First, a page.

The UK’s only British Asian Cabinet Minister has called on Britain’s media industry to learn from the business sector about better engaging with ethnic minority communities.
Culture Secretary Sajid Javid – a former investment banker – told the BBC’s Today programme that working in the City was “like walking round the United Nations” in terms of diversity.
Mr Javid, who is of Pakistani origin, added that ethnic minority representation in the media did not reflect Britain’s diversity.
“If you look at some of the numbers to really get to the bottom of this – and some recent studies have shown I think they’re saying around 6% of people working in the media industry as a whole … when the ethnic minority population of the country is around 14%.
“So when you look at it that way, 6% versus 14%, I think the answer’s quite clear,” he said.
Whilst acknowledging the “remarkable” achievements of some minority talent, particularly in broadcast media, Mr Javid said that much more still needed to be done within the industry as a whole.
A quota system for the BBC however, was not one of the solutions, Mr Javid said.
“I wish it was as easy as that, but I don’t think something like that in itself would actually achieve the desired results.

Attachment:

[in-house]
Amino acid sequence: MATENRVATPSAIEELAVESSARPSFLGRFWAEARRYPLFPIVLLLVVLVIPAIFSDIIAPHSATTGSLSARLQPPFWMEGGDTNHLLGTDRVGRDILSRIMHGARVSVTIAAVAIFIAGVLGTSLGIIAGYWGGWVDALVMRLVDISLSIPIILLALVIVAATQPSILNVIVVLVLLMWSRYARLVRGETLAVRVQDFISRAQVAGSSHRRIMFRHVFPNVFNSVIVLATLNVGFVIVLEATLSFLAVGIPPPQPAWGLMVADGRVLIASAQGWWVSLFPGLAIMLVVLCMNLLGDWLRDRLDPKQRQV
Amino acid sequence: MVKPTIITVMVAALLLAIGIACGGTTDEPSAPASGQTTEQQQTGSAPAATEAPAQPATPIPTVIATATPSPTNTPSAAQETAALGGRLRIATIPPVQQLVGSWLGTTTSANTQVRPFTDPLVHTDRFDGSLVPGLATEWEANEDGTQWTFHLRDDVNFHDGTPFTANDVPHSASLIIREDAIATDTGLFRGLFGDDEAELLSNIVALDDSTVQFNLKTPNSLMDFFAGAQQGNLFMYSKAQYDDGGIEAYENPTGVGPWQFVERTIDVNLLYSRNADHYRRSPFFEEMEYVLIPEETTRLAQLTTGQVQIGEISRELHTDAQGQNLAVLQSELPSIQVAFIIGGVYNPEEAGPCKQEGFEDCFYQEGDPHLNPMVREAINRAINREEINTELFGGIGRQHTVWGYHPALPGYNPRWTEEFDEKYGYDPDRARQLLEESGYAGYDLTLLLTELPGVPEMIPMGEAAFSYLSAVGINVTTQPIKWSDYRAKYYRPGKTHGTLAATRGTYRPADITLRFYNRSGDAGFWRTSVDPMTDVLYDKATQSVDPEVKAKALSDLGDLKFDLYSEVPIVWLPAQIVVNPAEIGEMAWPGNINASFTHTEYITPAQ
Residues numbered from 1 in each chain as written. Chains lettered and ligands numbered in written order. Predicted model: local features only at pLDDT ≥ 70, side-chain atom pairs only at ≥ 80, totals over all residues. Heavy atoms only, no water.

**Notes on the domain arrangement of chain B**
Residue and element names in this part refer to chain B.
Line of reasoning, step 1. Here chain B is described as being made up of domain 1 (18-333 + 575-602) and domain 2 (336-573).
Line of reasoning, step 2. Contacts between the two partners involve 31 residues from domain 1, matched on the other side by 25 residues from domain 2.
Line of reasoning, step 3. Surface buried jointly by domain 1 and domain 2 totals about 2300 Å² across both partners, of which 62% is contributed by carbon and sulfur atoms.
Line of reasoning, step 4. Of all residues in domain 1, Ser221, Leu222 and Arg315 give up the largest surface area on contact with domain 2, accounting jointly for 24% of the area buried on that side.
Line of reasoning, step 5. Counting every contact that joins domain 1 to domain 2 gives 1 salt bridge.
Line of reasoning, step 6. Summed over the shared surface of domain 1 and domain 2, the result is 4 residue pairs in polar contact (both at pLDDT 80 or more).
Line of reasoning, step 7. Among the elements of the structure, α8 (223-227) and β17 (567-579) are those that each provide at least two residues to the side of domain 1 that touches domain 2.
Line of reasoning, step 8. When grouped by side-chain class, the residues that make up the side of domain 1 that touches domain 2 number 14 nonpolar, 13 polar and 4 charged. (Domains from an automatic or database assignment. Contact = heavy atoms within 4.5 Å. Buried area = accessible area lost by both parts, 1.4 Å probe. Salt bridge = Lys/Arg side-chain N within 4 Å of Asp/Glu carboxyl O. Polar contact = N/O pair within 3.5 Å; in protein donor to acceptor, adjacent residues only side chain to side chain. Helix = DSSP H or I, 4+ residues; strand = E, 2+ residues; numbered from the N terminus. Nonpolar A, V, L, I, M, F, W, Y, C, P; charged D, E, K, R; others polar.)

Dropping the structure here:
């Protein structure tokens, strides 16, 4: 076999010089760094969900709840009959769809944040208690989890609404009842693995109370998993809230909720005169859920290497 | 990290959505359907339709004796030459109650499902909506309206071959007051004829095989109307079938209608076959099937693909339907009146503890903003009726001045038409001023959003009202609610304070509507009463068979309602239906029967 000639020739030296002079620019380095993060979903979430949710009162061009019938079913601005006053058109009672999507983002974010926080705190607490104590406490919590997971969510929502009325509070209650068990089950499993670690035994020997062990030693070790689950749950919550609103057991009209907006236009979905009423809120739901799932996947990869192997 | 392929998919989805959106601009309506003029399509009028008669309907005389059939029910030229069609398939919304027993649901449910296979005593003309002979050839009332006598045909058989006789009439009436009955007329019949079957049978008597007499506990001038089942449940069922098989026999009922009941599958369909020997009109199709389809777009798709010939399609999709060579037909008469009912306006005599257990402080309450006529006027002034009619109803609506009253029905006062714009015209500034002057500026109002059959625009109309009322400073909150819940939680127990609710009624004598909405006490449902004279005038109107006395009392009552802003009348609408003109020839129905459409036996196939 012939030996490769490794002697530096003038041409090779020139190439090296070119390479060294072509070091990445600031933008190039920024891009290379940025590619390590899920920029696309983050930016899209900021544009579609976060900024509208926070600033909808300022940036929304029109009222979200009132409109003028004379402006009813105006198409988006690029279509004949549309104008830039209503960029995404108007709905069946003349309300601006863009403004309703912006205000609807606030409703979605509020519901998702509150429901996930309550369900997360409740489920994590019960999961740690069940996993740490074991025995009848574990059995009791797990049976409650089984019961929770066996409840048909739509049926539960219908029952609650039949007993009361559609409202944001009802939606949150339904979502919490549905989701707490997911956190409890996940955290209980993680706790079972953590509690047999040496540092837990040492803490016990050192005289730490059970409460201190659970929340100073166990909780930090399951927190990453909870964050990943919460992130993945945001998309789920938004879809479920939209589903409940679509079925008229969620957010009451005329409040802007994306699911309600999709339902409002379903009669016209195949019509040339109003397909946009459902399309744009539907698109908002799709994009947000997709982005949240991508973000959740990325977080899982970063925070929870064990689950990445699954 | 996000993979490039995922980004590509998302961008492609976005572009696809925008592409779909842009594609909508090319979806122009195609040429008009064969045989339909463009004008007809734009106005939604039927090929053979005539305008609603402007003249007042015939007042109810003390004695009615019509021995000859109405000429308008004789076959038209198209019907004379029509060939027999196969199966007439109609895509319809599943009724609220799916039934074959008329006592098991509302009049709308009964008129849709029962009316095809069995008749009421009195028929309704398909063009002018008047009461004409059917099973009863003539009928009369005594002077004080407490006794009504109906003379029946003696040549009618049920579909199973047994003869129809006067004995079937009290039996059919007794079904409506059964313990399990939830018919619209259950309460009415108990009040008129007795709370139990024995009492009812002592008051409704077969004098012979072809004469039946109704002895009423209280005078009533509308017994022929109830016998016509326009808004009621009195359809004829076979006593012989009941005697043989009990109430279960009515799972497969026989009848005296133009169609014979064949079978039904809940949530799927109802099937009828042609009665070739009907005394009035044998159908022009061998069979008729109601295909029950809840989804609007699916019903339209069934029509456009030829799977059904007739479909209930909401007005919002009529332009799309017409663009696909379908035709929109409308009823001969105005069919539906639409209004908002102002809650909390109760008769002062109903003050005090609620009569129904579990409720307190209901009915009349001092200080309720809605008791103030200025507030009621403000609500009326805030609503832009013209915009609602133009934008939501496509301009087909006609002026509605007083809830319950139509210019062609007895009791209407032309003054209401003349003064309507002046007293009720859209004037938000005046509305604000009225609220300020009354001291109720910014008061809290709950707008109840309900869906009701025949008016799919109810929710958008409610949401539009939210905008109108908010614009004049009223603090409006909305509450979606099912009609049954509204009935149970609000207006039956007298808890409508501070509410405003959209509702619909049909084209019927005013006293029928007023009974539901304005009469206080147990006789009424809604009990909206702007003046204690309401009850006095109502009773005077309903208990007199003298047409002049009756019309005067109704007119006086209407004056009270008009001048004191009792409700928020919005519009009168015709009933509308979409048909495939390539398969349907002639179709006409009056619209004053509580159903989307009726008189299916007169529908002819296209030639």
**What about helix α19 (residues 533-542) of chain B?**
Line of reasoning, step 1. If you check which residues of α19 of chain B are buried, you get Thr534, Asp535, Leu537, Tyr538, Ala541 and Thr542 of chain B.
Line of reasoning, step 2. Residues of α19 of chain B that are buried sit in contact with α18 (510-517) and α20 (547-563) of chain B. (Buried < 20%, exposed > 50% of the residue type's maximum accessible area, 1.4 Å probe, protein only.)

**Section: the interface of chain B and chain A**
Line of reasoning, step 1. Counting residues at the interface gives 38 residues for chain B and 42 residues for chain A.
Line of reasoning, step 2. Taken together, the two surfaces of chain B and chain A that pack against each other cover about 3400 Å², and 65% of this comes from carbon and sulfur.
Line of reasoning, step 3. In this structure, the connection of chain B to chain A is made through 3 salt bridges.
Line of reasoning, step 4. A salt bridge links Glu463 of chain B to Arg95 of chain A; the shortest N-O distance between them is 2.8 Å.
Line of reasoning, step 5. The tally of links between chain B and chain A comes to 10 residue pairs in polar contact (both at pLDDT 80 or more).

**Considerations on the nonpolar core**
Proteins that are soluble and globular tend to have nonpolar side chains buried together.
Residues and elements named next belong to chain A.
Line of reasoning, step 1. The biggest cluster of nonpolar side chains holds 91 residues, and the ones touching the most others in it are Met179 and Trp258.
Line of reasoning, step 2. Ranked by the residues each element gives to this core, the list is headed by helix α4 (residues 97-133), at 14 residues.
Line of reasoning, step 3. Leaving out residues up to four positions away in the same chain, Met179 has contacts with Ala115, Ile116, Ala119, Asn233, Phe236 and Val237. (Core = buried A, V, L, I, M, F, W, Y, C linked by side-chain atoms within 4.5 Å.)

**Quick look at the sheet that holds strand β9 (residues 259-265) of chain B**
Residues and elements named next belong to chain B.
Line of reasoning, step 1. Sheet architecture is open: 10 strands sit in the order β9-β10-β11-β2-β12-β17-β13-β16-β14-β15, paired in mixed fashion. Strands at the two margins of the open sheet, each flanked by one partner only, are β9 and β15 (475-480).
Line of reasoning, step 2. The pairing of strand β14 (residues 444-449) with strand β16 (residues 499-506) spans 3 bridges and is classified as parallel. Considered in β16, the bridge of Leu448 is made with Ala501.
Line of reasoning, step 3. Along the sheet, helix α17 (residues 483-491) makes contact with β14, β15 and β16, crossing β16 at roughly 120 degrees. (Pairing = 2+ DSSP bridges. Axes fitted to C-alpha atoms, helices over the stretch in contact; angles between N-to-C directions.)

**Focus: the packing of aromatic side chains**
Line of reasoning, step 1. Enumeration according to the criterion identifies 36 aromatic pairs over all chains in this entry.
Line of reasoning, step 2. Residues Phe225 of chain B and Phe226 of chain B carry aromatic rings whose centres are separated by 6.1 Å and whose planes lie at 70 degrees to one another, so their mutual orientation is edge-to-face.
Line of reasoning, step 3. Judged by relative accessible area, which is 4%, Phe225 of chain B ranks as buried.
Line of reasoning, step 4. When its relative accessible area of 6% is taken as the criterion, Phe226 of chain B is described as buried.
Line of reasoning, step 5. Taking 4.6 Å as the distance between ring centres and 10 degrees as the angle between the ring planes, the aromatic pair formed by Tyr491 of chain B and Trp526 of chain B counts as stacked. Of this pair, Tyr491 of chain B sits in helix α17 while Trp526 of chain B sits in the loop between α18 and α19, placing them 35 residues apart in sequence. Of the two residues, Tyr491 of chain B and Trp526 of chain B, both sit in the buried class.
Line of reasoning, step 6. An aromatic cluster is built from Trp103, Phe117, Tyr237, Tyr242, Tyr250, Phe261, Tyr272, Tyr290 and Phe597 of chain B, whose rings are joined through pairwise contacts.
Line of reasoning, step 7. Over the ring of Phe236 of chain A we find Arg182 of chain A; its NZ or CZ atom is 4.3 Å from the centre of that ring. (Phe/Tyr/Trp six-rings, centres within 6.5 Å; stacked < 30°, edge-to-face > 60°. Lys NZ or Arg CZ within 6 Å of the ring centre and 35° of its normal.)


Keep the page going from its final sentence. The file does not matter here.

“The concern I’d have is that when you have an approach where it’s about reaching a quota or a certain number, but it becomes an official target, a requirement, then you’d always run this risk that someone might try to fill that just for the sake of filling it.
“I think the problem is actually more profound than that because it’s not just about having the black face or the brown face, it’s about building a sustainable pipeline of talent and making sure that people from all backgrounds, including black backgrounds in particular, think of this as a career opportunity for them and any perception they have that it is not for whatever reason, those are tackled.”
Mr Javid was speaking during a special edition of the Today programme, guest-edited by British-Jamaican comedian Lenny Henry who has led calls for the BBC to encourage more talent from ethnic minority backgrounds.
The show featured a host of minority talent: aside from regular presenter Mishal Husain – a British Pakistani – the programme was hosted by British Indian presenters Reeta Chakrabarti and Karthi Gnanasegaram alongside Taiwan-born business correspondent Linda Yueh.